During an exceptional season marked by eight epic duels against a spectacular Roger Federer, the undisputed world number one has always seemed to embody some kind of Evil.

During an exceptional season marked by eight epic duels against a spectacular Roger Federer, the undisputed world number one has always seemed to embody some kind of Evil. An amazing villain who always wins in the end, for once.


All the men that climb the same summit are not all equal. If the mountain always peaks at the same height, each climber tries to tame the altitude in his own way. Thus, all the world number one are not equal. And at the end of 2015, which saw Novak Djokovic finish the season by winning five consecutive tournaments, it should be added that very few ascensions can compete with that of the Serb. And since stories are stronger than numbers, here’s one to summarize the incredible performance of the Serb: apart from the Doha tournament - the first of the season - Djokovic reached the final of every tournament he played. Every Grand Slam tournaments (three victories out of four), every Masters (six victories out of eight) and all the others. As the desert’s sun, Nole's domination was never shadowed in 2015, Novak Djokovic proved that he was stronger than everyone on every surfaces.


Roger and the public


Yet, when he entered the court of the final of ATP World Tour Finals, the crowd resisted him the most pronounced applause. As at the US Open and Wimbledon a few weeks ago, Djoko needed not only to beat Federer, he also had to win the crowd. And it’s here that the feat of the Serb reached an unconventional dimension: in 2015, Djokovic found the strength to tear the good guy's scenario and authoritatively impose his own. The one of the big bad player, of the people crying at the end and darkness replacing the sun. The roles have been distributed a long time ago, if not since the beginning. Federer has the stately elegance on his side, while Djokovic pulled the costume of the meticulous Soviet athlete. Against the dazzling accelerations and lightness of the Swiss running to the net, Djokovic seems to fight with dull out of date weapons. He's said to be strong, tough, thorough, regular. And great, then? Inevitably, in the mouths of Federer's fans, who filled 90% of the stands of the O2 Arena last Sunday, Djoko is actually really annoying. But how to tame this bull with multiple human faces hidden in the shadows of a huge stadium in the dark?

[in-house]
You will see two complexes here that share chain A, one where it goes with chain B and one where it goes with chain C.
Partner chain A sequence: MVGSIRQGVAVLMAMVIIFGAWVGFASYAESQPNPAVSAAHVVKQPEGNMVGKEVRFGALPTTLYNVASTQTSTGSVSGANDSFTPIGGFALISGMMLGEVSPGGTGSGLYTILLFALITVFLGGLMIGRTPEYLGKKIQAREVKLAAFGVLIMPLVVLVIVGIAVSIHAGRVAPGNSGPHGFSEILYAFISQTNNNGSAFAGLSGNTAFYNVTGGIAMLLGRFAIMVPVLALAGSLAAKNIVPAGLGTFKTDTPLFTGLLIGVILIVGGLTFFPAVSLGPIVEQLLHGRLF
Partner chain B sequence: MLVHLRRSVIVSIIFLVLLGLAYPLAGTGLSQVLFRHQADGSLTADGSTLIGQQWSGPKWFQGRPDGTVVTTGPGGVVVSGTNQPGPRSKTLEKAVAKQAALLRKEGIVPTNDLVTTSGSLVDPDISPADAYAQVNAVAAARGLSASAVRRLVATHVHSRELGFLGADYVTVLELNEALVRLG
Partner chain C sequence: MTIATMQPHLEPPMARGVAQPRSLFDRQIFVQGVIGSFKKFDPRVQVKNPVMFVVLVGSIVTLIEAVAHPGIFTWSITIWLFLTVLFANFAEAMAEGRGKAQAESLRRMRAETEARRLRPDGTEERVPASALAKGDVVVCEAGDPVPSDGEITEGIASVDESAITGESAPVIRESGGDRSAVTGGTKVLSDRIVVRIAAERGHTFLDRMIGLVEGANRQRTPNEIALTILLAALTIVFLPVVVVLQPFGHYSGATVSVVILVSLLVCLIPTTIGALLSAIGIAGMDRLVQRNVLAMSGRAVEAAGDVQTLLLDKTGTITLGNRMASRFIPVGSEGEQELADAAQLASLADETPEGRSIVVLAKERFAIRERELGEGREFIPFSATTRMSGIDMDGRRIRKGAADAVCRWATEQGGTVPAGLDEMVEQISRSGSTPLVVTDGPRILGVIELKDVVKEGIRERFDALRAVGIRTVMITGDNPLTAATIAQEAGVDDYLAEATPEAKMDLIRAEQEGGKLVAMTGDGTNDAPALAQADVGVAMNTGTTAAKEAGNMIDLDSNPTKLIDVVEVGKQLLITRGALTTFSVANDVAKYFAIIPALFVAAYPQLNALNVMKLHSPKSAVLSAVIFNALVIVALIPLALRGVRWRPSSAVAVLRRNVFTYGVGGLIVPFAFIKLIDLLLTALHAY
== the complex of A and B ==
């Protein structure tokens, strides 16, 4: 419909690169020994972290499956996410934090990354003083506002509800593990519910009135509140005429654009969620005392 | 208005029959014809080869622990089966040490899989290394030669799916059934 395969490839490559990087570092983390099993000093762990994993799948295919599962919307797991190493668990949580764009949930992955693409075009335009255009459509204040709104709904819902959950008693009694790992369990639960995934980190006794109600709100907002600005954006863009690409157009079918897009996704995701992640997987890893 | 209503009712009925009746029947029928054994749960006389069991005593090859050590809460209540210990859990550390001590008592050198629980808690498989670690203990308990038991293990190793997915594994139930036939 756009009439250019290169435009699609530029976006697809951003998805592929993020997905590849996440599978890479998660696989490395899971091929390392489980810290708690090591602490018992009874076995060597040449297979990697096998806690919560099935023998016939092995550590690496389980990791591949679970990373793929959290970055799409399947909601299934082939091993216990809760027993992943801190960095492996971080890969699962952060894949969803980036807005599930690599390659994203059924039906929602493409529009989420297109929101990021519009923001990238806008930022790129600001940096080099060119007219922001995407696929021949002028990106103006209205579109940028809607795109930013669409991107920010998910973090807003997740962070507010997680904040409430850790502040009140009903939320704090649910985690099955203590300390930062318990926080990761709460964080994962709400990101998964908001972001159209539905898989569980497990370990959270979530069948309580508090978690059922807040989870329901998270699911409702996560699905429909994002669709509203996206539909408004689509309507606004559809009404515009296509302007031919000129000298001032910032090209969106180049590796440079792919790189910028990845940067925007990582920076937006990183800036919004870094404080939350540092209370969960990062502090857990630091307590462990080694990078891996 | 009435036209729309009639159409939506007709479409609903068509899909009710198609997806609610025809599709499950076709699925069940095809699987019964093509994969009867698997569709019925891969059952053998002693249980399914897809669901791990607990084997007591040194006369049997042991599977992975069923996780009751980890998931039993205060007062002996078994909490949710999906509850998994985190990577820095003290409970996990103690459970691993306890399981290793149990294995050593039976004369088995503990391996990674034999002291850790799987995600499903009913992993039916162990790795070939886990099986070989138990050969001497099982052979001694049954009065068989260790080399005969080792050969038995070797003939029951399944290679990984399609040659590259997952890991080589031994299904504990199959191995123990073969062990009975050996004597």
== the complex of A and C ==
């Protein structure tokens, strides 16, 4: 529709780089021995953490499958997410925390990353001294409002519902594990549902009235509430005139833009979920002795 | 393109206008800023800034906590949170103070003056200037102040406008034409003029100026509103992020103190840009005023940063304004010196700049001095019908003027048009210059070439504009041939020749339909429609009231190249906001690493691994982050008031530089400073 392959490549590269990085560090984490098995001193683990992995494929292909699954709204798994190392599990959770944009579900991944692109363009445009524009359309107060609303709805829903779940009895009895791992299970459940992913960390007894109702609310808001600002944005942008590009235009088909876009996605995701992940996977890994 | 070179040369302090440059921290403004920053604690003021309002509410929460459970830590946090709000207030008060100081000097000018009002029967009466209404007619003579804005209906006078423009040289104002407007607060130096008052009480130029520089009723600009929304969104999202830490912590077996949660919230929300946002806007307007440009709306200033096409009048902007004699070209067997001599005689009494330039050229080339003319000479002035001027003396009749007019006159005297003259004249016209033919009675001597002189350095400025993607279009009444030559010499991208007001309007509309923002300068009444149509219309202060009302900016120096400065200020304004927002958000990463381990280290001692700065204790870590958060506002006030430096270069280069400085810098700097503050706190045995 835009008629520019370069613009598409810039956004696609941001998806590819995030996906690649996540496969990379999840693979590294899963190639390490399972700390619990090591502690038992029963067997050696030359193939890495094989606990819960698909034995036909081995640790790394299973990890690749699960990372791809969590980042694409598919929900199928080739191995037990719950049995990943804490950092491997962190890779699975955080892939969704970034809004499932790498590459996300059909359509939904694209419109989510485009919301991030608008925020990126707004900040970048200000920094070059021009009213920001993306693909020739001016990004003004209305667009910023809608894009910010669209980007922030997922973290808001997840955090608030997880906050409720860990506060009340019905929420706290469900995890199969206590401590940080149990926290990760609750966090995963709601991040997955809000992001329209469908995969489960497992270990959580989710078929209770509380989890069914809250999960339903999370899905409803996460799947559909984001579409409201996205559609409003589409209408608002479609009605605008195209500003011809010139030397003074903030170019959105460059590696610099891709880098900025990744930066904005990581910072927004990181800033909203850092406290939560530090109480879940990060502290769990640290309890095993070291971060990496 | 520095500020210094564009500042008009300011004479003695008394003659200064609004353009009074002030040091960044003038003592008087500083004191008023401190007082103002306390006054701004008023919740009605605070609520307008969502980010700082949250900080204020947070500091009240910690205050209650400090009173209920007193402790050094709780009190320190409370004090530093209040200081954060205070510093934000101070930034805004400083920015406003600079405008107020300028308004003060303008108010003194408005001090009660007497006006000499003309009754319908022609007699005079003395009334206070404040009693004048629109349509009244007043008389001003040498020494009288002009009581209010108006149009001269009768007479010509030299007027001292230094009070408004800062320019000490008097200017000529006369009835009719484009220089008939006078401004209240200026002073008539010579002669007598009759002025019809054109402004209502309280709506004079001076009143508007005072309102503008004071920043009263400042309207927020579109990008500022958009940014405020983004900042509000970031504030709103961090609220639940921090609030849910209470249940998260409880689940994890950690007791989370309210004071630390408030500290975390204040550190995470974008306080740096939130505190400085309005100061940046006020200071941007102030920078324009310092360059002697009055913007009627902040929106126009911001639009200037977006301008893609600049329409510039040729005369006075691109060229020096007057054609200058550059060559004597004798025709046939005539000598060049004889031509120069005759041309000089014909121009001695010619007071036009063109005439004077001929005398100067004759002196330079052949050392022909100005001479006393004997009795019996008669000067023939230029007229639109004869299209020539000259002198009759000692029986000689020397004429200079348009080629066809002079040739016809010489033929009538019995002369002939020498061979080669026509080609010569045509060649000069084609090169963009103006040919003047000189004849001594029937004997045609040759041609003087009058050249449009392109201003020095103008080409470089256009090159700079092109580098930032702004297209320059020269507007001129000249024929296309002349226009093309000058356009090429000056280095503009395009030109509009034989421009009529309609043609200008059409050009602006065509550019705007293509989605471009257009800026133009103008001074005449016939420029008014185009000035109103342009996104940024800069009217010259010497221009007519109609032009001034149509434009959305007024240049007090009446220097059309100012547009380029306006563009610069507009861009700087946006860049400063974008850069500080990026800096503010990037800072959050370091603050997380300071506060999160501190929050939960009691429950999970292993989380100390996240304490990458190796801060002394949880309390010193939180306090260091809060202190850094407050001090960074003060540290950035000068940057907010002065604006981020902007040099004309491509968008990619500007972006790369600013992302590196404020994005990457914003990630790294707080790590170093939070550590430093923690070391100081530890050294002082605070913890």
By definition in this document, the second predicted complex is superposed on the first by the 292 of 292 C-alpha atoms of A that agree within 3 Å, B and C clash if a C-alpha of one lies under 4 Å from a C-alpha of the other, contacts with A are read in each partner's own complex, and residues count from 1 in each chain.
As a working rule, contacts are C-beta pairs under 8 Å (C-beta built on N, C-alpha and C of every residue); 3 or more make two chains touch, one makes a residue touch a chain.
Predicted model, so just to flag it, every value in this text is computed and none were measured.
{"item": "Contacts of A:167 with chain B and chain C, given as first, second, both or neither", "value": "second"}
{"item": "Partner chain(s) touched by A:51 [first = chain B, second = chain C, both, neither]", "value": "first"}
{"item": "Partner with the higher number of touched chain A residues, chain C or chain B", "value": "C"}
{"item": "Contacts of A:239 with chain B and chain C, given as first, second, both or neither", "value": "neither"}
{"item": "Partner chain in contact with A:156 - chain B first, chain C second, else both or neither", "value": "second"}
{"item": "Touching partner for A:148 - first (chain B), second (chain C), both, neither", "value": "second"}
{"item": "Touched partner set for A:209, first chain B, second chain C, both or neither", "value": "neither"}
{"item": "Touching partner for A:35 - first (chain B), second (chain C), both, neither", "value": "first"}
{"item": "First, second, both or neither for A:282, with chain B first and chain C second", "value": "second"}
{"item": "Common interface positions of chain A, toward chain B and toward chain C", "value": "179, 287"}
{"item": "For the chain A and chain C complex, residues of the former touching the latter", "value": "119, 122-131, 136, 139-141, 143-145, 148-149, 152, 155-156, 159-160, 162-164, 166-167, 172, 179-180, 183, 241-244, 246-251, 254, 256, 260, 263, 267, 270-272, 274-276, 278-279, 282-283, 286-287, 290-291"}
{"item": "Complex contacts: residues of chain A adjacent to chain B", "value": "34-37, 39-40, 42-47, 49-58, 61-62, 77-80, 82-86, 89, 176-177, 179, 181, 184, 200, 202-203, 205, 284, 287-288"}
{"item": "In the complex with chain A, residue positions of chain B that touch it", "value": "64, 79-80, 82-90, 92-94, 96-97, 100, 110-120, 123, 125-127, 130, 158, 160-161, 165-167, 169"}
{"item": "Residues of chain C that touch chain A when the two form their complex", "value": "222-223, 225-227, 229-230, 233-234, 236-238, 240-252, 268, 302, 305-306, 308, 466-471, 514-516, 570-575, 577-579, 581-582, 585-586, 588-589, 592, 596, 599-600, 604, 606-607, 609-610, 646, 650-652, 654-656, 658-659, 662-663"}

Rituals and control


By methodically controlling the only thing he can control at that precise moment: the ball. When he walks to the ball boy to ask for three or four balls, Djoko is sometimes angry, irritated, even really mad. He grabs, feels, caresses and then selects a first time. With a skilful touch, he then rolls the two spheres in his hand before slipping one into his pocket. At that time, and it was systematic on Sunday night, the public still screams in his ears yet another "Come on Roger!", "Let's go Roger!" Or "Go Roger!". But while the crowd knows how to be insistent and heavy-going, and that Djoko's thin calves don't seem - at first sight – not to be suited for such a nerves fight, the Serb specifically chooses this moment to answer and take the upper hand. One, two, three, four, five, six. The racquet bounces the ball six times, and then turned around and bounces it a seventh time on the floor. The public is getting quieter, impatient perhaps. And Djoko starts again, unperturbed. If tennis is like boxing, then Djokovic has found a way to stop time in the middle of each round. The weight of the ball then inevitably silence the 20 000 mouths in the public, giving way to the game.


Hawk-eye on a double fault


In New York, a stellar Roger Federer - the one who had not lost a set since Wimbledon - only succeeded in converting four break points out of 23. A hardly believable figure that left everyone confused. But while some observers had put that statistic on the account of some big failures of the Swiss, others took the opportunity to express their admiration for the mental and physical strength of Djokovic. Mats Wilander in the first place: "He's perhaps the most driven athlete the planet." That's all? Absolutely not. This week in London, Djoko demonstrated for the umpteenth time that he’s above all a return master, a defence artist, a cerebral genius of the sport. A tireless leader, certainly, but also a world number one that never stop thinking about his game plan. So, there again Djoko didn't miss any chances and meticulously executed a smart and aggressive plan, clever and efficient. Like all players who make game plans, Djokovic varies his risk taking. But unlike all the other players on the planet, he never loses control and the risk always pays at the right time. As in the second set when the Serb started to accelerate only in the third and fourth ball of Federer. The break eventually fell through while leading 5-4. On the match point, Federer broke and offered a double fault to his opponent. In a panic, frustration or doubt, the Swiss took up a challenge. There, in the middle of the O2 Arena, in a public won over to the cause of the Swiss, Djoko watched the mark of his opponent's service quietly. Even before the verdict of the umpire, applause from the audience, Federer handshake or even the trophy, Djoko already seemed to know the outcome of the match. A surreal champion in a beautiful villain suit. And the film is far from being over.


By Markus Kaufmann, in London